‘Headquarters Nights’ was published as a work of propaganda, but the sentiments of the officer class therein (and therefore the bourgeois and landed classes) are true. Their promotion of ‘neo-Darwinism’, a vicious and distorted social Darwinism, was not so far from Nazi thought. And as Stephen Jay Gould noted, the book may have been one of the inspirations for William Jennings Bryan’s attacks on Darwinian evolution at the Scopes Trial.

    Here’s the text of Kellogg’s book:


  11. Smokey Dusty says

    Okay I got Canada wrong. Thanks for the correction. Although I the expectation that I should know about Canada’s path go is a bit onerous. I feel its fair for me to rely on a recollection of a (well researched) book I read 6 years ago.

    Here’s a question. When did German women get the vote as compared to Canadian?

    I didn’t argue that anyone was fully democratic. I was merely questioning some of Evan’s points. There just isn’t space to go into the nuance here. The picture I was trying to paint was more democratic and less democratic. I’m trying to explore grey areas that I believe both Gove and Evans seem to be ignoring for ideological reasons. Perhaps the UK was further along the road than Gernany. Perhaps it was good to protect French progressives from Prussian oppression. Perhaps Canada was further along the democratic road than Britain.

    RJW mentions the first democracy. One of Solon’s reforms was to ban keeping child, sex-slaves. So do we praise him for his novel observation that this was a bad thing. Or do we condemn him for this exeption that confirms the rules: 1 One may keep sex-slaves and 2 One may keep child slaves.

    My perspective is both. That’s the way I see things. Show me one reformer who’s produced a perfect society. That’s why I don’t like culture warriors trying to throw black and white interpretations onto history. I suspect Gove and Evans are both being a little disingenous.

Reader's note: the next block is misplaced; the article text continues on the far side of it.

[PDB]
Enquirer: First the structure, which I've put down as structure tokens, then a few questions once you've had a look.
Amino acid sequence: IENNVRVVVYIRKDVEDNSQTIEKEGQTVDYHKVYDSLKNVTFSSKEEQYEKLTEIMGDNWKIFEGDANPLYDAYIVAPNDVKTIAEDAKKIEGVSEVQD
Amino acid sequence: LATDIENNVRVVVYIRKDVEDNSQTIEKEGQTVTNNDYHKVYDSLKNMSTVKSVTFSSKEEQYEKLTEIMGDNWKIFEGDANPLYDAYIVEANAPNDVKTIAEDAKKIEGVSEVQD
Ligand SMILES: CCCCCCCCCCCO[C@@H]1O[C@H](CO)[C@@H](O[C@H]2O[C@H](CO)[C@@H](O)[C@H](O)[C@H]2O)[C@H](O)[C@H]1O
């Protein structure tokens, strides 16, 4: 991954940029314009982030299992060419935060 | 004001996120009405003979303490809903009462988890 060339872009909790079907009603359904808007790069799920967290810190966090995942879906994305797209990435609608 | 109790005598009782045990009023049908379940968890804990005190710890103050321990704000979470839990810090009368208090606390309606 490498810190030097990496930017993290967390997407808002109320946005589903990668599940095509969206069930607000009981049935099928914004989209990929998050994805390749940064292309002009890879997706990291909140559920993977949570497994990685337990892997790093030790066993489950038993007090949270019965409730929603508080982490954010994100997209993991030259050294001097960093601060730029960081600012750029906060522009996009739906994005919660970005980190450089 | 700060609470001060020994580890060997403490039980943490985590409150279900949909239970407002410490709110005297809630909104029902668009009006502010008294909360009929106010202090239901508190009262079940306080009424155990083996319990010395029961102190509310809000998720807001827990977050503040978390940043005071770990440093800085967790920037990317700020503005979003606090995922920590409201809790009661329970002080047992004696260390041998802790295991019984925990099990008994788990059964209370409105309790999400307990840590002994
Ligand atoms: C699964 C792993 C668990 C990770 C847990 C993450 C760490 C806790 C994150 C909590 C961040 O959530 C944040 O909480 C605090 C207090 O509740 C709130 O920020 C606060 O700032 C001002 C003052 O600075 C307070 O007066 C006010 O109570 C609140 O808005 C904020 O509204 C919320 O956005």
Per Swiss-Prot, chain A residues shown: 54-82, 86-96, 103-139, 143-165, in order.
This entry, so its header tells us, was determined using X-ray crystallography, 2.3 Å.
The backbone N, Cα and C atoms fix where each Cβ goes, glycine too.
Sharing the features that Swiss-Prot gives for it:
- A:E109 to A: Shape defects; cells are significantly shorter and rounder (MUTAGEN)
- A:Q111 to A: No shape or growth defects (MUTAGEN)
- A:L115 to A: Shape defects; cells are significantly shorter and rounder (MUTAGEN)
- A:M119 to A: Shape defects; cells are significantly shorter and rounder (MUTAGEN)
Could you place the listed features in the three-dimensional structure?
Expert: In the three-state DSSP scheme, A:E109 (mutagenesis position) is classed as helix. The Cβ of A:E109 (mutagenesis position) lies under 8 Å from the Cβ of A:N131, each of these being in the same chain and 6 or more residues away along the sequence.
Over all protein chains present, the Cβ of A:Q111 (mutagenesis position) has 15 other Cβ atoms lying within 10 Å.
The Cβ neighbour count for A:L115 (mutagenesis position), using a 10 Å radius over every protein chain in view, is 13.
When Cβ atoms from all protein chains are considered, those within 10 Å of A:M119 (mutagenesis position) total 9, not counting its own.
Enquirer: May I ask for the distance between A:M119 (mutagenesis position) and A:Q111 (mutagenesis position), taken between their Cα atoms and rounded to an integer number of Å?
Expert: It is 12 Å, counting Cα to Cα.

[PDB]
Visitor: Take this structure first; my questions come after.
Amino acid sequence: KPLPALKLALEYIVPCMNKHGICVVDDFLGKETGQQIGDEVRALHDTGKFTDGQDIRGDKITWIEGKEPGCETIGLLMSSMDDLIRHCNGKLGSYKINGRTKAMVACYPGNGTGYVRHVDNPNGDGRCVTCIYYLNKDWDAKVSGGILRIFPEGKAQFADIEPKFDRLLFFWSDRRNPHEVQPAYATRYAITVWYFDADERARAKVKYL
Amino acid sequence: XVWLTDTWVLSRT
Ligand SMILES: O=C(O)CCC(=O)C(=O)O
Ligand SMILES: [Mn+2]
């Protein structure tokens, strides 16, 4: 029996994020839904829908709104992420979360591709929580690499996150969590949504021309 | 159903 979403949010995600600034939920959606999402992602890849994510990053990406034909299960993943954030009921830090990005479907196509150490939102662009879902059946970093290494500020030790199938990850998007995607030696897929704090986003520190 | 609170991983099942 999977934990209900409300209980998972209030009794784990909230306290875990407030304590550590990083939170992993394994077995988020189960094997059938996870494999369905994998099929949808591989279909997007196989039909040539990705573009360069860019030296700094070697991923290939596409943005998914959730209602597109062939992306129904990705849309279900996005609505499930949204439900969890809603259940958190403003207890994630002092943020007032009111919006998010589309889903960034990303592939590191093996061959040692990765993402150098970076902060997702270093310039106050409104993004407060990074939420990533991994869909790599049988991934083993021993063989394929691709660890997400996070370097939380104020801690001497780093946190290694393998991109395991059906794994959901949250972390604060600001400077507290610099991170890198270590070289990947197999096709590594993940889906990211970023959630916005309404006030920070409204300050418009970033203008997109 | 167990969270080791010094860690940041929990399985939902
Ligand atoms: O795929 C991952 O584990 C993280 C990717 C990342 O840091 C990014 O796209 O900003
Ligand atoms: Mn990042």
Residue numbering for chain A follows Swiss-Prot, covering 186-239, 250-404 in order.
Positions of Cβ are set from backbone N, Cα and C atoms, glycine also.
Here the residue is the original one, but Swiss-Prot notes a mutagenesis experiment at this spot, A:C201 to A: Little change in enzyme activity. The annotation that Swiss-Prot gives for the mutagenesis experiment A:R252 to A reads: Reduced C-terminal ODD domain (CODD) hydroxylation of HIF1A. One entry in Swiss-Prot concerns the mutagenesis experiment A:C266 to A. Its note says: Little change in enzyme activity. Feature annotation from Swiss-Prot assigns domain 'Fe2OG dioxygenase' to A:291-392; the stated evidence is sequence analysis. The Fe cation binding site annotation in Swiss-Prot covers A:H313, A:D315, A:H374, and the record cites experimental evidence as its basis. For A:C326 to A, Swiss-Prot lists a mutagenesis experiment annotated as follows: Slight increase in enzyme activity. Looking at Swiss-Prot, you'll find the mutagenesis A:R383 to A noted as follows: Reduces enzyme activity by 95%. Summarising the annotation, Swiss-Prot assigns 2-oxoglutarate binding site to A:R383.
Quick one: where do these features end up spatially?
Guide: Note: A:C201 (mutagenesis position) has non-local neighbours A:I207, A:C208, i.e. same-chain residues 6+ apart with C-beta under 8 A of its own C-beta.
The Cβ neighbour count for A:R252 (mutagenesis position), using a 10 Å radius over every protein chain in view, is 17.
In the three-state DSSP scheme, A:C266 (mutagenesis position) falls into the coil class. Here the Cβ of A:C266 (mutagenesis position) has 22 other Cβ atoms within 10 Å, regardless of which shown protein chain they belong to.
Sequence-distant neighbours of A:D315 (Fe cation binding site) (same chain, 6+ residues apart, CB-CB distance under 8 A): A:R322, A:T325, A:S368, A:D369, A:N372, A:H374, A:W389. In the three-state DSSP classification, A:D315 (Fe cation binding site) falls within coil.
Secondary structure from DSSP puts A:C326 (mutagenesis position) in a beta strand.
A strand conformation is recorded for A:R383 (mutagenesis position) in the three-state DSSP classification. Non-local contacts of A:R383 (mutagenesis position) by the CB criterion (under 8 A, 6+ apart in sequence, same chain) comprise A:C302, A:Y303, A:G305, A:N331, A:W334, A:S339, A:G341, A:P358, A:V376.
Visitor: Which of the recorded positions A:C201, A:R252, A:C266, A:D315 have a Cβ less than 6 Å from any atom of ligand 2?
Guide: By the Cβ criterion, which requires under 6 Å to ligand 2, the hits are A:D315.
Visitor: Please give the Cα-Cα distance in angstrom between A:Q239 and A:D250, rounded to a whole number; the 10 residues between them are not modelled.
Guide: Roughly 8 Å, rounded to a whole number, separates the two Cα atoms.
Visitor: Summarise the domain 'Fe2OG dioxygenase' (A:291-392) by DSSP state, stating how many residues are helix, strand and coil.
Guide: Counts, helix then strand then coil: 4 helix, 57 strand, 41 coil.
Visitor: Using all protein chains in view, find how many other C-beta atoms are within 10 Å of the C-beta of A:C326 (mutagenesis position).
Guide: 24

12. RJW says


    Agreed. Nazi ideology didn’t suddenly appear out of nowhere, the Nazis used existing myths and fantasies for a “Greater Germany”, eastern expansion was already on the German nationalists’ “to do” list. Two generations before the Nazis, the Second Reich’s political and military elite even proposed their own version of “lebensraum”, which proposed expansion as far as Anatolia.

    We must stop this a-historical speculation!

  13. Pierce R. Butler says

    RJW @ # 1: … perhaps the Professor isn’t a specialist on WW2.

    Are we talking about the same Richard Evans who wrote the acclaimed trilogy The Coming of Third Reich, The Third Reich in Power, The Third Reich at War, as well as In Hitler’s Shadow and Lying About Hitler?

  14. says

    True, but Evans’s argument is weak and he probably needs to raise his game. After all, the British were fighting for their war aims and Tsarist Russia was a means to that end, just as Stalin’s Russia was to prove in a later war.

    As Churchill noted in the rematch with Germany: “If Hitler invaded Hell, I would at least make a favourable reference to the Devil in the House of Commons.”